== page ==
Then there are the salaries and benefits they offer. They're absurd. Also the language used is a clue, phrases like "Accommodation and Feeding" don't sound right. They're also exactly the same words we've seen before in recruitment scams.

Finally real, professional recruitment is not done using Gmail addresses.

Friday, 22 June 2012

Why we won't be on RB2 next Monday

Make sure you listen to RB2 next Monday morning from around 0815, the time we would normally be on air.

Replacing us will be representatives of "Wealth Solutions" (I believe that's their name), who we mentioned last week on air. They were the ones on GabzFM offering their advice and training in Forex dealing and represented by Mzabalazo Dlamini, one of the founders of Cashflow Pro, who are under investigation by the SA Reserve Bank.

They have demanded a right of reply, claiming that they have been "exonerated" by NBFIRA. Seeing as they weren't being investigated by NBFIRA I don't understand that. It also seems that as providers of just training and education on Forex trading (remember Stock Marker Direct?) they're not even covered by NBFIRA so NBFIRA can't have "exonerated" them.

Listen in and let me know what you think.

Whose fault?

A few years ago I was listening to a radio phone-in in South Africa. The caller was complaining about the service she got from a bank and felt they’d abused her terribly. This is what she claimed had happened. She’d been to the bank, withdrawn a significant amount of money in cash and then left. She’d walked down the street, round the corner, down another street, round another corner and then got mugged. That’s terribly unfortunate and I can imagine how alarmed, frustrated and angry she was. However she wasn’t just angry with the mugger, she was angry at the bank as well.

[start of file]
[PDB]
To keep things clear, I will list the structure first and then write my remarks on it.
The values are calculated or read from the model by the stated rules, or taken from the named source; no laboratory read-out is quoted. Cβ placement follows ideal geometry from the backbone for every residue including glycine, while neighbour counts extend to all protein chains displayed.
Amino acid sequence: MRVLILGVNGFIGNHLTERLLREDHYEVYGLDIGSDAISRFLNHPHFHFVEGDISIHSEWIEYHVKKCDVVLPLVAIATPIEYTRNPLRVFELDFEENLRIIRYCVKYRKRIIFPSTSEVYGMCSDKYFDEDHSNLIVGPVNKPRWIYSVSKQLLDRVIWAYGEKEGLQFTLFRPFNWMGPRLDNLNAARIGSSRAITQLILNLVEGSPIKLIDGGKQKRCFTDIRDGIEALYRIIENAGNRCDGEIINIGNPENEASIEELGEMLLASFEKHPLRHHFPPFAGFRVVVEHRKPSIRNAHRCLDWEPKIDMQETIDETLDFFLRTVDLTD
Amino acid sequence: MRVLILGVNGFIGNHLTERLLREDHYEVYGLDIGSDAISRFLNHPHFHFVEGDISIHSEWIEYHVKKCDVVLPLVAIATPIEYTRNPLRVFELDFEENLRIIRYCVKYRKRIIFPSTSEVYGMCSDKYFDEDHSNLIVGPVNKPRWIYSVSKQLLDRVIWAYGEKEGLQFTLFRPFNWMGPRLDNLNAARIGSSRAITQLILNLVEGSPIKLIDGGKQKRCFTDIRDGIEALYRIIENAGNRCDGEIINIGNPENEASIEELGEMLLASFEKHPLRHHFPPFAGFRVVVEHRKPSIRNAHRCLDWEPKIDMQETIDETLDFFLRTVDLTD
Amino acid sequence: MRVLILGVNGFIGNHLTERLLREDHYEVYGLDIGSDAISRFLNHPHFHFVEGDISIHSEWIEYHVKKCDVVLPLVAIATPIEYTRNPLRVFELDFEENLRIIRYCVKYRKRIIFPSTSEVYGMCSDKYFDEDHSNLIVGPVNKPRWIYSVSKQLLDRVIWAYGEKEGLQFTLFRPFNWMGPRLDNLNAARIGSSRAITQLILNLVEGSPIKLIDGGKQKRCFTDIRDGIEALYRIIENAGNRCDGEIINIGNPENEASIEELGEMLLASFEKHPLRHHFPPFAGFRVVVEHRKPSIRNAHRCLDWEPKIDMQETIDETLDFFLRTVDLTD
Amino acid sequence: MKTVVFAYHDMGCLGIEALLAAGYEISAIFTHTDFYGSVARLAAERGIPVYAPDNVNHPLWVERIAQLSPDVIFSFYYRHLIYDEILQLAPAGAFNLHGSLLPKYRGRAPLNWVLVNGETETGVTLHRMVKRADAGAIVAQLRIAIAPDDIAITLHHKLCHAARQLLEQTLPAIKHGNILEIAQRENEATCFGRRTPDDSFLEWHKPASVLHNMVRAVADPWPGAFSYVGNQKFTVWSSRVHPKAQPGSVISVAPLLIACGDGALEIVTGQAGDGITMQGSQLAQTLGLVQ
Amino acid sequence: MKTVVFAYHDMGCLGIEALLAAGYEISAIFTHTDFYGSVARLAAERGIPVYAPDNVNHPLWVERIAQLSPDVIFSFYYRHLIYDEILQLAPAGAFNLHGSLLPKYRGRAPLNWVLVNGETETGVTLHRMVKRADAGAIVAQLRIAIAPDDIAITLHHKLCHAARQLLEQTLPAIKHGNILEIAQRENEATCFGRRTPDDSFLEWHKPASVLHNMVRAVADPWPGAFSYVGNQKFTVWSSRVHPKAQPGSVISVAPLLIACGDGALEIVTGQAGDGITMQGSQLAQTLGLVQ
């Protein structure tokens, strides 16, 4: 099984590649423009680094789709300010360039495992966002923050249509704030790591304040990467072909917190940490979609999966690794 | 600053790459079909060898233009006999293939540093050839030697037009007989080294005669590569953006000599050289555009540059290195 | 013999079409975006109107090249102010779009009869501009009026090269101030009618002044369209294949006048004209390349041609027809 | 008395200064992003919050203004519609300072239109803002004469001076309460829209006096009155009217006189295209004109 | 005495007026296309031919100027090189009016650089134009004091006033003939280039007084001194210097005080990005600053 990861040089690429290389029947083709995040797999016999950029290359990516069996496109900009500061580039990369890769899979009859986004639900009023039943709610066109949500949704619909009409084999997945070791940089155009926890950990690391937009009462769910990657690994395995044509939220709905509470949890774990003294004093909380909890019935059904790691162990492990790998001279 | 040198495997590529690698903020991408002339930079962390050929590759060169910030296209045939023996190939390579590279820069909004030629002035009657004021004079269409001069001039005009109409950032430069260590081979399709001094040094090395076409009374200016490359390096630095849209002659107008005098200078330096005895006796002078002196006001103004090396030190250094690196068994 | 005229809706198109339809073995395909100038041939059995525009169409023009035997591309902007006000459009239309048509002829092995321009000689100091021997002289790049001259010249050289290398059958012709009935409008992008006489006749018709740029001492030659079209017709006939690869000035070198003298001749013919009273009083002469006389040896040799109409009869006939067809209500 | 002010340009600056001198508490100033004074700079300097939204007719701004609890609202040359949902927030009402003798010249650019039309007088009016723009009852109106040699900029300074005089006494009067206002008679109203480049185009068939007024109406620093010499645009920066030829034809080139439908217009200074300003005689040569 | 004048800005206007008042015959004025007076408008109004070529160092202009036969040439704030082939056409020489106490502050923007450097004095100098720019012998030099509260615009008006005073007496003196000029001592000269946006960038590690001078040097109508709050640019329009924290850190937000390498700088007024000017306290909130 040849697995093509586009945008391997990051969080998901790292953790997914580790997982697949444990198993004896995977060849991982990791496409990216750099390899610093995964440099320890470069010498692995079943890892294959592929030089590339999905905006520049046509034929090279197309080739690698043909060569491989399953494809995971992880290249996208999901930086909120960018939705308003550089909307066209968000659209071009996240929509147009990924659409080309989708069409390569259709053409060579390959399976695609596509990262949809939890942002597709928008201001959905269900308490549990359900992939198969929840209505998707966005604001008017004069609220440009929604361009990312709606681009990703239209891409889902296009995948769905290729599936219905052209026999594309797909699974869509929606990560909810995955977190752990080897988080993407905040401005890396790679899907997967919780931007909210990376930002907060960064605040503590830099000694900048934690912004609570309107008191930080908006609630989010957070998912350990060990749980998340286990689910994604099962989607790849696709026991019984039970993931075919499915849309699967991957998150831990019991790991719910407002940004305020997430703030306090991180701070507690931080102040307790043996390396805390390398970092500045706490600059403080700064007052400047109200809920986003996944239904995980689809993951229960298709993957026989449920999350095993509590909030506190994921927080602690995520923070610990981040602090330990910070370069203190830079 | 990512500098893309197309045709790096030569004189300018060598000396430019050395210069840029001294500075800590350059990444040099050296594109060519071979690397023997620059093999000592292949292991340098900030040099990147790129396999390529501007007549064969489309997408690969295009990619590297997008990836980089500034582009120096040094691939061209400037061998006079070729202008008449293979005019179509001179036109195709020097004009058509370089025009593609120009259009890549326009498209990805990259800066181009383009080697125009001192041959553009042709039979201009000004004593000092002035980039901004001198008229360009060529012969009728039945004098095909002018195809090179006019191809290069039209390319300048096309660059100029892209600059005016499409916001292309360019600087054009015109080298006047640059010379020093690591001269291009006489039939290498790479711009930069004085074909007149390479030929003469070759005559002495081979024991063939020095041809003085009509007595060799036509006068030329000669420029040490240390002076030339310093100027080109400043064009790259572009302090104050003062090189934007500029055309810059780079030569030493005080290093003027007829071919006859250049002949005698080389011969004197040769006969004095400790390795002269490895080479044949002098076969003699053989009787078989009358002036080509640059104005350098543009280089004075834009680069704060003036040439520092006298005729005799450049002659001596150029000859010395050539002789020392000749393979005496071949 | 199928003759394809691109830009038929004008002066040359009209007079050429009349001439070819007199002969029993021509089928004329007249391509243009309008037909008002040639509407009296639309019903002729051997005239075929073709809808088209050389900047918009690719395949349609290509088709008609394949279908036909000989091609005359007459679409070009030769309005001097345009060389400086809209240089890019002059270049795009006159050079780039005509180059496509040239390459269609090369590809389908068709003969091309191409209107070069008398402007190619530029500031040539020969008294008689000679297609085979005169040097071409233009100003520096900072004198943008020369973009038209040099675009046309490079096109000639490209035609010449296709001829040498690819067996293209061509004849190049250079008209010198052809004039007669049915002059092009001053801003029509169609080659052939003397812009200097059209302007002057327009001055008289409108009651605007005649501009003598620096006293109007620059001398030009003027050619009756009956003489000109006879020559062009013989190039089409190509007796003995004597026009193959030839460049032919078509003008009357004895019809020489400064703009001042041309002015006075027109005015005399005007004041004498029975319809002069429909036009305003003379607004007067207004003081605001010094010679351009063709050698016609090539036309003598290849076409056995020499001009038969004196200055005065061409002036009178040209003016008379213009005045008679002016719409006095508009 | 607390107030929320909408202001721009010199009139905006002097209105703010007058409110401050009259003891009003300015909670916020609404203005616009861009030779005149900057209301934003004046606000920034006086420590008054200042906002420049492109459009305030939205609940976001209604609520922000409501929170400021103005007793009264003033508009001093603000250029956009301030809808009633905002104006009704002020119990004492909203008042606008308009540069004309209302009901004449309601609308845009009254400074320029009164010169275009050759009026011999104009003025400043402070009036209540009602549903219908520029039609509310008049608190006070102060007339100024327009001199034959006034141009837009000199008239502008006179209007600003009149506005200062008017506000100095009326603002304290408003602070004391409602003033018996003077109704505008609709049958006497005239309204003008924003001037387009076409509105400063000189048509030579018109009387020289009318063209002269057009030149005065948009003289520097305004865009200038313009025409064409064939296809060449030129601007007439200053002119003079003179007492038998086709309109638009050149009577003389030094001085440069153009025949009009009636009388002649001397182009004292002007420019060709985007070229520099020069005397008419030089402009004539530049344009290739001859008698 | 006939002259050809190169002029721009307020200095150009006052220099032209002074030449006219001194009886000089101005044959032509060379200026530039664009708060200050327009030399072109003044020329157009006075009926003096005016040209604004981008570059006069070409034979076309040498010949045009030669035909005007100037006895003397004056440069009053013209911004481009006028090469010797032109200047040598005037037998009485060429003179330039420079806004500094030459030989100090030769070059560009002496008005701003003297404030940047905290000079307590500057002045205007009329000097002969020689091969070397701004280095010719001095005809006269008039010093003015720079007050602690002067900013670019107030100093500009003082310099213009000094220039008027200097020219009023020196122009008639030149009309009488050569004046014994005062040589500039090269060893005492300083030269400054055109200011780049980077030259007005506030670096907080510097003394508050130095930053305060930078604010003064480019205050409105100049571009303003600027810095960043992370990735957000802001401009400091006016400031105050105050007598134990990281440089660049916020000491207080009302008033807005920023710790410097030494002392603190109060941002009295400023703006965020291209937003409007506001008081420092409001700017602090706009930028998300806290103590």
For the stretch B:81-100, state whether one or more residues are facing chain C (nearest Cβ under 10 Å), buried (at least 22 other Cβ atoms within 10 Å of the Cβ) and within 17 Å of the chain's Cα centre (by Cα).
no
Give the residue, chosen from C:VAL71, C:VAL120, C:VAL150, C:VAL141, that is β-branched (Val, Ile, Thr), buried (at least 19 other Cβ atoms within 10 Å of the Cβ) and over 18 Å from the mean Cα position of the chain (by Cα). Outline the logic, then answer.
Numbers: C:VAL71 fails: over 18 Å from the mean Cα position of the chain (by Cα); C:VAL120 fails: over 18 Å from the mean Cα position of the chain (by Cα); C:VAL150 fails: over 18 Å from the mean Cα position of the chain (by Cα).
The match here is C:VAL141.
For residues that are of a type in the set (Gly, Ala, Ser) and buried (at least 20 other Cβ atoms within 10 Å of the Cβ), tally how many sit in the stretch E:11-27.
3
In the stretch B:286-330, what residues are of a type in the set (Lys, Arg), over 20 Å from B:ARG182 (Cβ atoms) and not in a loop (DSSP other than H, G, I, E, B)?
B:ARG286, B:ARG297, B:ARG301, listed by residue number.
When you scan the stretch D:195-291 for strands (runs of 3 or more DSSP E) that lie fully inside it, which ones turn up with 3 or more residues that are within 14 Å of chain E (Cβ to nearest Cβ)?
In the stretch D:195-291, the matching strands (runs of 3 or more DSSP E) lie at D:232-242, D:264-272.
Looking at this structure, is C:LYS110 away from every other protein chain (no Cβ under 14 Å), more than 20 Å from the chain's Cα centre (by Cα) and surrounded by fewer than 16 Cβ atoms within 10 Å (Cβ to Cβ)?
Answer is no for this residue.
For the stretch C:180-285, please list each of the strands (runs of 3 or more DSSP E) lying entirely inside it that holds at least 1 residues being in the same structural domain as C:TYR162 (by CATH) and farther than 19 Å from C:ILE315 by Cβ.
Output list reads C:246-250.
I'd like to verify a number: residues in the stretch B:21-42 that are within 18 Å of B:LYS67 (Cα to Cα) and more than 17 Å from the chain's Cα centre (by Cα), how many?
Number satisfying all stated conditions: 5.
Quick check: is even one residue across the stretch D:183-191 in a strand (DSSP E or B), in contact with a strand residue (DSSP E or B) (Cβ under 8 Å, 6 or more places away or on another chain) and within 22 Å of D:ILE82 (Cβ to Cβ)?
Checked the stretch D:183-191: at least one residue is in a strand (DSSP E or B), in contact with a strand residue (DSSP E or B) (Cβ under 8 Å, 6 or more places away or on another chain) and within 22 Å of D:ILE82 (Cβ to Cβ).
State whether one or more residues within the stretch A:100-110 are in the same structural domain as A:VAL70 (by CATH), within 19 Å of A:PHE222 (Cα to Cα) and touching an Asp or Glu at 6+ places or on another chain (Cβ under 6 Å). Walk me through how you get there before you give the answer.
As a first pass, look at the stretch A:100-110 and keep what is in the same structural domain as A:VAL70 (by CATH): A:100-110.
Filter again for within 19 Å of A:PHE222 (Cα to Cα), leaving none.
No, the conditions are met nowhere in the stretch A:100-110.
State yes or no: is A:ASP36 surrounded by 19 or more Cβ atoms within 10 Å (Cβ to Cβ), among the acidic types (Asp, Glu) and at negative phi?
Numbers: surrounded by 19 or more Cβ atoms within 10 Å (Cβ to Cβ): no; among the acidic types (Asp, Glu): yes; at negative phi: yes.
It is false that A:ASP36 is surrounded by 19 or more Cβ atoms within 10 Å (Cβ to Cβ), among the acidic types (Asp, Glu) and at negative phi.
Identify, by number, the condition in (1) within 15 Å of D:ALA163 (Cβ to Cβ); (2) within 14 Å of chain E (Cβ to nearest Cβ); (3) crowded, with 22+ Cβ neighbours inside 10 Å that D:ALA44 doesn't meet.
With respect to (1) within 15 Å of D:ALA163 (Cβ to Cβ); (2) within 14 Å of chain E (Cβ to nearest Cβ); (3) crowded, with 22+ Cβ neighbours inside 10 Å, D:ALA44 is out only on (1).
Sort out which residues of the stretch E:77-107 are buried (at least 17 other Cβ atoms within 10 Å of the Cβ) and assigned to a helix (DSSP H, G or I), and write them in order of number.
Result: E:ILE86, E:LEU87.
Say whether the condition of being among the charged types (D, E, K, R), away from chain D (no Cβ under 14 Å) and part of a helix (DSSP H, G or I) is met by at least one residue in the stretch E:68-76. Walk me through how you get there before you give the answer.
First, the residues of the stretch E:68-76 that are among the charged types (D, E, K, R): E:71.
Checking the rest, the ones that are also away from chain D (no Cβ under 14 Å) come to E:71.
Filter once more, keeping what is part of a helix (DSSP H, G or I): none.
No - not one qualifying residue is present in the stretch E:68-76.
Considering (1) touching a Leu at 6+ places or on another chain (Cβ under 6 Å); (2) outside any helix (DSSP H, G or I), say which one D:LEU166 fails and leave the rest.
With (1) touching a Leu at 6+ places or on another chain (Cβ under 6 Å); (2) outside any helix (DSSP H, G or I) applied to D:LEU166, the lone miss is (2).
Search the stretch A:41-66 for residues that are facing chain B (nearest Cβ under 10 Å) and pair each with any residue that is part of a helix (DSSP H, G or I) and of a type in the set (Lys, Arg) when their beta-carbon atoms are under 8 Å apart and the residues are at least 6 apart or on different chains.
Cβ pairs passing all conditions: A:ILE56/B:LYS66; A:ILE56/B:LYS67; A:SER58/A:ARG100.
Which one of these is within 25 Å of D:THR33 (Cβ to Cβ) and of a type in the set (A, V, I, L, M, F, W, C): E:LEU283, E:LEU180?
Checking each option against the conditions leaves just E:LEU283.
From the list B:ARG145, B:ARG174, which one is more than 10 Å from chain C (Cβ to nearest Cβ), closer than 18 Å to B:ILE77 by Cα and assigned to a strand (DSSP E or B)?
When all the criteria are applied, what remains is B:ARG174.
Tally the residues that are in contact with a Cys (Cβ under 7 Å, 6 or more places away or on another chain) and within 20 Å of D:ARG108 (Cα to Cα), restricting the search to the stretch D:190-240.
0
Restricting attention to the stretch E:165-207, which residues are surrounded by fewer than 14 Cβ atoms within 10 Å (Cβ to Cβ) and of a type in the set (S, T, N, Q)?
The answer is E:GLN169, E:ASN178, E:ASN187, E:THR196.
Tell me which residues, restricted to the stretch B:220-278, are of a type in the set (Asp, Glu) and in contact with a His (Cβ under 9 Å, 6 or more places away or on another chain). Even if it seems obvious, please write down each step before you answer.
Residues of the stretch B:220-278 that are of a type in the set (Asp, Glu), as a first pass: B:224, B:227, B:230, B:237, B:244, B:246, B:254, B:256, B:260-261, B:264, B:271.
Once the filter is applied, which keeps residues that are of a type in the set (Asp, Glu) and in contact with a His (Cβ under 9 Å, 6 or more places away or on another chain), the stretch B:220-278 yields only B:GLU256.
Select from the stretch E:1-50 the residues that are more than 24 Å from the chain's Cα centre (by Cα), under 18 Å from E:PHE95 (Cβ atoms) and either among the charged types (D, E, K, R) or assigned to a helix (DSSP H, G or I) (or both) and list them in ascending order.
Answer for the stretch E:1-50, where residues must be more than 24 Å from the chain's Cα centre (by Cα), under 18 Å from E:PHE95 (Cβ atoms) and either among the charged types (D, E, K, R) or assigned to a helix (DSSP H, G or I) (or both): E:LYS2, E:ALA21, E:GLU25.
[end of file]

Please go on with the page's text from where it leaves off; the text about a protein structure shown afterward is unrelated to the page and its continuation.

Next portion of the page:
Why?

After the mugging, instead of calling the cops, she went straight back to the bank and demanded that they give her the money again and when they politely declined, she got angry with them. She genuinely seemed furious that the bank weren’t prepared to take responsibility for her loss and weren’t willing to dig into their coffers and replace her stolen money.

I’m fairly certain that every other listener to the radio show had the same reaction as me. Was it the bank that mugged her? Was it a bank official that crept round the corner and assaulted her and took her cash? Was it a huge conspiracy? Should they have been obliged to replace her money? Was it actually, in any way, the bank’s fault? I certainly didn’t think so.

Of course it wasn’t, but it does seem to be a tendency that some people have, to blame someone, even when there’s nobody actually to blame, or the person who should be blamed, like the mugger, has long since gone.

We’ve heard recently of a number of cases, some in Botswana, others in neighboring countries, of ATM card theft. In theory, if your ATM card is stolen you should be safe because the thief won’t know your PIN. But ATM card thieves are smarter than that. Using a variety of techniques, sometimes using tiny cameras, other times just distracting you and watching you enter your PIN the thief can get your number. Once they have your card, or have been able to make a copy of it, your account is at their mercy.

So what happens once your money has then been stolen from your account? Whose fault was it? Whose job is it to remedy the problem?